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This review is taken from PN Review 76, Volume 17 Number 2, November - December 1990.

PRESUMPTIONS Stephen Gray, editor, The Penguin Book of Southern African Verse (Penguin) £6.99

Thirty years ago, the editor of a new anthology of South African English verse modestly remarked in his introduction that 'it seemed a pity to isolate in a book one group of South African poets and to ignore the work of others plying the same trade but in a different language'. So, for the first time, there appeared within a single volume (and a single language, relying on translations) a remarkable range of poets already familiar within their own linguistic, cultural and racial groups, but hardly known to each other, much less to a common audience. Roy McNab's Poets in South Africa (Cape Town 1958) thus began a tradition of 'liberal' anthologizing designed to resist the divisive pressures of apartheid society - a tradition now taken up by Stephen Gray, who doesn't mention McNab and who gives the tradition a new imperialist twist, by making the concerns of South Africa the concerns of Southern Africa.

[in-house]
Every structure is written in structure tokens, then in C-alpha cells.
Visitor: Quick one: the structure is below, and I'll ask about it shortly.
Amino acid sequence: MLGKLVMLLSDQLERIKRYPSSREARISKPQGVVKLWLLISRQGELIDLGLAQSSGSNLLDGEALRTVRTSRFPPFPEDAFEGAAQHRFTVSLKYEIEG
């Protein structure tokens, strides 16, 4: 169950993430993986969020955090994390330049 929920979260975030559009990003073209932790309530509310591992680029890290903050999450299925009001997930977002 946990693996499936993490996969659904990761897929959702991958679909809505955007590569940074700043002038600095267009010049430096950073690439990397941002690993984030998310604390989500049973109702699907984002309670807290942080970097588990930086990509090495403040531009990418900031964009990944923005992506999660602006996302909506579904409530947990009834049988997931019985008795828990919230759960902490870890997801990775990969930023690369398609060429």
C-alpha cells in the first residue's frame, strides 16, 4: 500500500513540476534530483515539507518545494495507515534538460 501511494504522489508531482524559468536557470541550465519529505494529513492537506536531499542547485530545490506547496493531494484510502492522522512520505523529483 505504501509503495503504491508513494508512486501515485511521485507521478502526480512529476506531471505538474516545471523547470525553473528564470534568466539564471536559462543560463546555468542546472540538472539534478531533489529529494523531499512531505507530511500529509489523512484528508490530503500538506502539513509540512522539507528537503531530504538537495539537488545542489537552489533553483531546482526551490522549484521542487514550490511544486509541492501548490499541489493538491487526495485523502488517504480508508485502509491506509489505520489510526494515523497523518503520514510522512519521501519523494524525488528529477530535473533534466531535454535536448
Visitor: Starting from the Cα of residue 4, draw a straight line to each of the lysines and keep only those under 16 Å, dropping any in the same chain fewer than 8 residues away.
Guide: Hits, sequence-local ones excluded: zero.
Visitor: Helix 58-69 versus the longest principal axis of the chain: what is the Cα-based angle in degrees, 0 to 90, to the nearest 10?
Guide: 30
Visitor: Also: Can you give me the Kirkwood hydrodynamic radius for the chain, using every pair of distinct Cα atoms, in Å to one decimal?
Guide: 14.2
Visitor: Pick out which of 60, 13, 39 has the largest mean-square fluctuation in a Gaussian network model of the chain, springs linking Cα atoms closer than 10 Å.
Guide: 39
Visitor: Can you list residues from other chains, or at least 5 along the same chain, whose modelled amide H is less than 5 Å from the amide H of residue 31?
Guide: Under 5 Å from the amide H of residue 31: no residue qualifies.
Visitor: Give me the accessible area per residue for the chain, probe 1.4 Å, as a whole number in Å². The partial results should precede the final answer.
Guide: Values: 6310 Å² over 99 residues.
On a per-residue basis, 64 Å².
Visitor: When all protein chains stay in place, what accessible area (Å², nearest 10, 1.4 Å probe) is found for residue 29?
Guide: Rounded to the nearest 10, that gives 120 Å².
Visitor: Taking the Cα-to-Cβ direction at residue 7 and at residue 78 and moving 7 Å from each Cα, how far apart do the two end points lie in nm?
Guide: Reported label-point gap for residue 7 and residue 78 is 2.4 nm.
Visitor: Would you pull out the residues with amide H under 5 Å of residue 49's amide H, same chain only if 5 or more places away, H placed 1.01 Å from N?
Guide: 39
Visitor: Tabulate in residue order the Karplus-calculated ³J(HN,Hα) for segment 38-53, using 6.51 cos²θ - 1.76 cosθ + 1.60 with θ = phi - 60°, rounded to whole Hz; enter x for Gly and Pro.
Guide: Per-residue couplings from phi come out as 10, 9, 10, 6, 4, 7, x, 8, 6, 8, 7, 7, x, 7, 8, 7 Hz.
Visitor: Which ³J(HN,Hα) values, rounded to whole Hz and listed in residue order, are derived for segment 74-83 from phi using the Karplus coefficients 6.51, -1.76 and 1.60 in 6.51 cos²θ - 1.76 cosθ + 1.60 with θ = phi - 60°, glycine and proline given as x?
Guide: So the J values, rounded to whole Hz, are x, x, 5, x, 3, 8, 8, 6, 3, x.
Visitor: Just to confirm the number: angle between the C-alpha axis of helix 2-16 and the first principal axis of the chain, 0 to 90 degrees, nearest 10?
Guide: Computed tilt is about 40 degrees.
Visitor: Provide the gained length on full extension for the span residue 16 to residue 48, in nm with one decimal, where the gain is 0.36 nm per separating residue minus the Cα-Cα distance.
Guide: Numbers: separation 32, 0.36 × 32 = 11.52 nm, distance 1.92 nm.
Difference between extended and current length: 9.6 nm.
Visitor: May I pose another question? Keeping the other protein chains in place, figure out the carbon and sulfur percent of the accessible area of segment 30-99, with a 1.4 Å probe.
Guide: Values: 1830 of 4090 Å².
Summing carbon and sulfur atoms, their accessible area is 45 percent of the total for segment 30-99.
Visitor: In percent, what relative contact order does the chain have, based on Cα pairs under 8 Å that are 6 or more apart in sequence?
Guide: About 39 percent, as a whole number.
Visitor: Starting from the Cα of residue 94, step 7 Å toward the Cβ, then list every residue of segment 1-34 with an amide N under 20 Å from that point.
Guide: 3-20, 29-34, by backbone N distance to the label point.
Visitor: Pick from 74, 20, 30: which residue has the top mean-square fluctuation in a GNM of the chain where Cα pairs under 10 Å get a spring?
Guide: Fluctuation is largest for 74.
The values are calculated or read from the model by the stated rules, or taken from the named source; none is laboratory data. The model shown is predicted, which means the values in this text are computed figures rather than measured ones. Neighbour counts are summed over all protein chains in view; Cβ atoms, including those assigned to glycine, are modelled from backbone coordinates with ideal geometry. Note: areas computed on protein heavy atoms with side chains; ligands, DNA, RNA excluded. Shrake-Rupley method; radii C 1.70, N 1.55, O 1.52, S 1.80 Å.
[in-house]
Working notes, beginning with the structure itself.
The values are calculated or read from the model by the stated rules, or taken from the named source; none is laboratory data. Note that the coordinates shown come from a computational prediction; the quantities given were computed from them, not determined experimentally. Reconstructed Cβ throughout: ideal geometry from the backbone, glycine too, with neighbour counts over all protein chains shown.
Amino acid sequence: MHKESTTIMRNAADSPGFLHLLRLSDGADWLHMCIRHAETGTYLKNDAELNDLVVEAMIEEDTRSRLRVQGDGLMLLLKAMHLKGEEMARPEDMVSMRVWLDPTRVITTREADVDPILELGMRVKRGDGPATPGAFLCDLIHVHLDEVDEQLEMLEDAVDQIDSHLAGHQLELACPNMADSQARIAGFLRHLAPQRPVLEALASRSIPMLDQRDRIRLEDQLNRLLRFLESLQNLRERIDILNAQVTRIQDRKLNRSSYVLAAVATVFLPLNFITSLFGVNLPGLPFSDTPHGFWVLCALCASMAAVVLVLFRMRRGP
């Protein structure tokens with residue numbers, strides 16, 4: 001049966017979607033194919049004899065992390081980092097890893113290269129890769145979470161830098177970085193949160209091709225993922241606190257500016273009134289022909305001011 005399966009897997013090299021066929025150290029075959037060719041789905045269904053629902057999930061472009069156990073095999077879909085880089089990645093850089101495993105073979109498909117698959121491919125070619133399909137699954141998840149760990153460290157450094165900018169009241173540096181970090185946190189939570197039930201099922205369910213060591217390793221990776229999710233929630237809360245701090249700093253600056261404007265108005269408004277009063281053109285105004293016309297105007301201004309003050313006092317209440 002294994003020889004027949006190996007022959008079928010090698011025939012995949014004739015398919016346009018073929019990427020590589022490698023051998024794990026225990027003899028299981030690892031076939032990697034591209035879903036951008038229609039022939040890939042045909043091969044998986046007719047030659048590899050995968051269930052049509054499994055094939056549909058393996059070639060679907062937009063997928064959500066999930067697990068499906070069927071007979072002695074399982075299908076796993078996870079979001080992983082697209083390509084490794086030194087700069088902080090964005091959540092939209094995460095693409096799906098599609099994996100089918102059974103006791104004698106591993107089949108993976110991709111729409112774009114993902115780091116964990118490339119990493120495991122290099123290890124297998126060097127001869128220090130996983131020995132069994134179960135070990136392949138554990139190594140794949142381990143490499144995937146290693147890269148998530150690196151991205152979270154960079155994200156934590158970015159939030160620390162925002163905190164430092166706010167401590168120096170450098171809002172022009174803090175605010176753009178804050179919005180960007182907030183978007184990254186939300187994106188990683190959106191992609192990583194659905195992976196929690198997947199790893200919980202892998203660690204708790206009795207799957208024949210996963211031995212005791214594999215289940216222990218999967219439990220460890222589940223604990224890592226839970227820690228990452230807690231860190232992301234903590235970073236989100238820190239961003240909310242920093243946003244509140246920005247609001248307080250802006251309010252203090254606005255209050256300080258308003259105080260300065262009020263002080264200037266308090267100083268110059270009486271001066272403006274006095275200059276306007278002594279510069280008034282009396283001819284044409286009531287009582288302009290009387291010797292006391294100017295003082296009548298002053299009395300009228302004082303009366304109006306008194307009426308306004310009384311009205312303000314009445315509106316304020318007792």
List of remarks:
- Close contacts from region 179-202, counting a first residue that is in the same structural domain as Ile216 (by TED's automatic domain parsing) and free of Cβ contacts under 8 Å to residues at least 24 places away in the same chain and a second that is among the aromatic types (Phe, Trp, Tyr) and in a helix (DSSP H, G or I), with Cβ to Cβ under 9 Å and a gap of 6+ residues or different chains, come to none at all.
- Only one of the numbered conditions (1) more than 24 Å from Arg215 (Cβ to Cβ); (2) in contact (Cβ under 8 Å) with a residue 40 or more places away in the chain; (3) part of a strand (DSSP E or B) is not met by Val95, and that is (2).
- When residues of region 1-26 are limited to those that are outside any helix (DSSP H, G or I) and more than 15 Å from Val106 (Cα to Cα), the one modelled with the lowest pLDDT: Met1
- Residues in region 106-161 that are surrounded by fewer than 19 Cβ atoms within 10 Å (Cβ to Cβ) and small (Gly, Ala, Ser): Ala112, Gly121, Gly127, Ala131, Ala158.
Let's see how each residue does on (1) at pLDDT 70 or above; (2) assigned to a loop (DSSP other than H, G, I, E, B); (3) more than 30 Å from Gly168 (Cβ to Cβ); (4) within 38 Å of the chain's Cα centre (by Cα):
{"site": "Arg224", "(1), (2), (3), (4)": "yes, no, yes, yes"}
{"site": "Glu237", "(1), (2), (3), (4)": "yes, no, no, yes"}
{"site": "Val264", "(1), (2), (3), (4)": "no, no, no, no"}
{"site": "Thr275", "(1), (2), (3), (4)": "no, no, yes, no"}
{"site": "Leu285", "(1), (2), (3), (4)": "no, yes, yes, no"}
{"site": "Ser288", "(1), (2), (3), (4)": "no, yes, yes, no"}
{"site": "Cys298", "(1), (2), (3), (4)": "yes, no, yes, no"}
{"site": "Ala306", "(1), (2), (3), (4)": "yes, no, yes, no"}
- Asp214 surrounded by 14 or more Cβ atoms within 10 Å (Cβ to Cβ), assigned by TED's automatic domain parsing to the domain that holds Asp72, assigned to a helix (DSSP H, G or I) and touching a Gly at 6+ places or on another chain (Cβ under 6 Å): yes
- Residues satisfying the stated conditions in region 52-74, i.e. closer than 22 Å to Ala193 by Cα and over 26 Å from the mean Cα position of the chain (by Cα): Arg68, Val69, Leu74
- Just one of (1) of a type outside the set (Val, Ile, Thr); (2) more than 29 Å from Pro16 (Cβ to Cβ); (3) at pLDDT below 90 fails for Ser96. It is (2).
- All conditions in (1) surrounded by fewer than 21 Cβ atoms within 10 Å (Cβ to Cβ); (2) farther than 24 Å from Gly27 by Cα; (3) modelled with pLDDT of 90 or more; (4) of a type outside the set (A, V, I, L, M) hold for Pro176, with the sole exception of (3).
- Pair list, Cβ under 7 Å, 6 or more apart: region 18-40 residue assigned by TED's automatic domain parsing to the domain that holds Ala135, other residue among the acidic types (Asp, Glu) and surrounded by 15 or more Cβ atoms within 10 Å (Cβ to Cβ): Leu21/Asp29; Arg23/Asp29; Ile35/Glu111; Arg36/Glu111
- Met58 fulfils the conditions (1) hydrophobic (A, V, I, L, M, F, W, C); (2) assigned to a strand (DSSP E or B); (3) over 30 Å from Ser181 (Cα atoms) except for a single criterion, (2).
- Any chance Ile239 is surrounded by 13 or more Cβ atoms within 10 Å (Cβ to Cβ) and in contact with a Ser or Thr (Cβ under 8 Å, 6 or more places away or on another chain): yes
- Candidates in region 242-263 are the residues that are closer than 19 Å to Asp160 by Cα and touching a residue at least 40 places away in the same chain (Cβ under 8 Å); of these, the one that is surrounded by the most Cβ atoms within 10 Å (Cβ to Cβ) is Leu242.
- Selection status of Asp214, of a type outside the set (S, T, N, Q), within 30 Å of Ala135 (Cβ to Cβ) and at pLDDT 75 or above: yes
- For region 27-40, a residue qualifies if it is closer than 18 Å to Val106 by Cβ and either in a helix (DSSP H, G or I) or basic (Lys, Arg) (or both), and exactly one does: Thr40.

There is an undoubted political truth beneath this presumption: when the president sneezes in Pretoria, you can hear it in Windhoek and Luanda, not to mention Bomba and Maputo. The carriers of car bombs enforce the obvious. But poets do not always deal in the obvious; and what is obvious in one place, isn't always the same somewhere else, even if both are prisons. There is an air of special pleading about this new anthology, which strives to create a new literary history of Southern African poetry, from Camoens to Campbell, from ...

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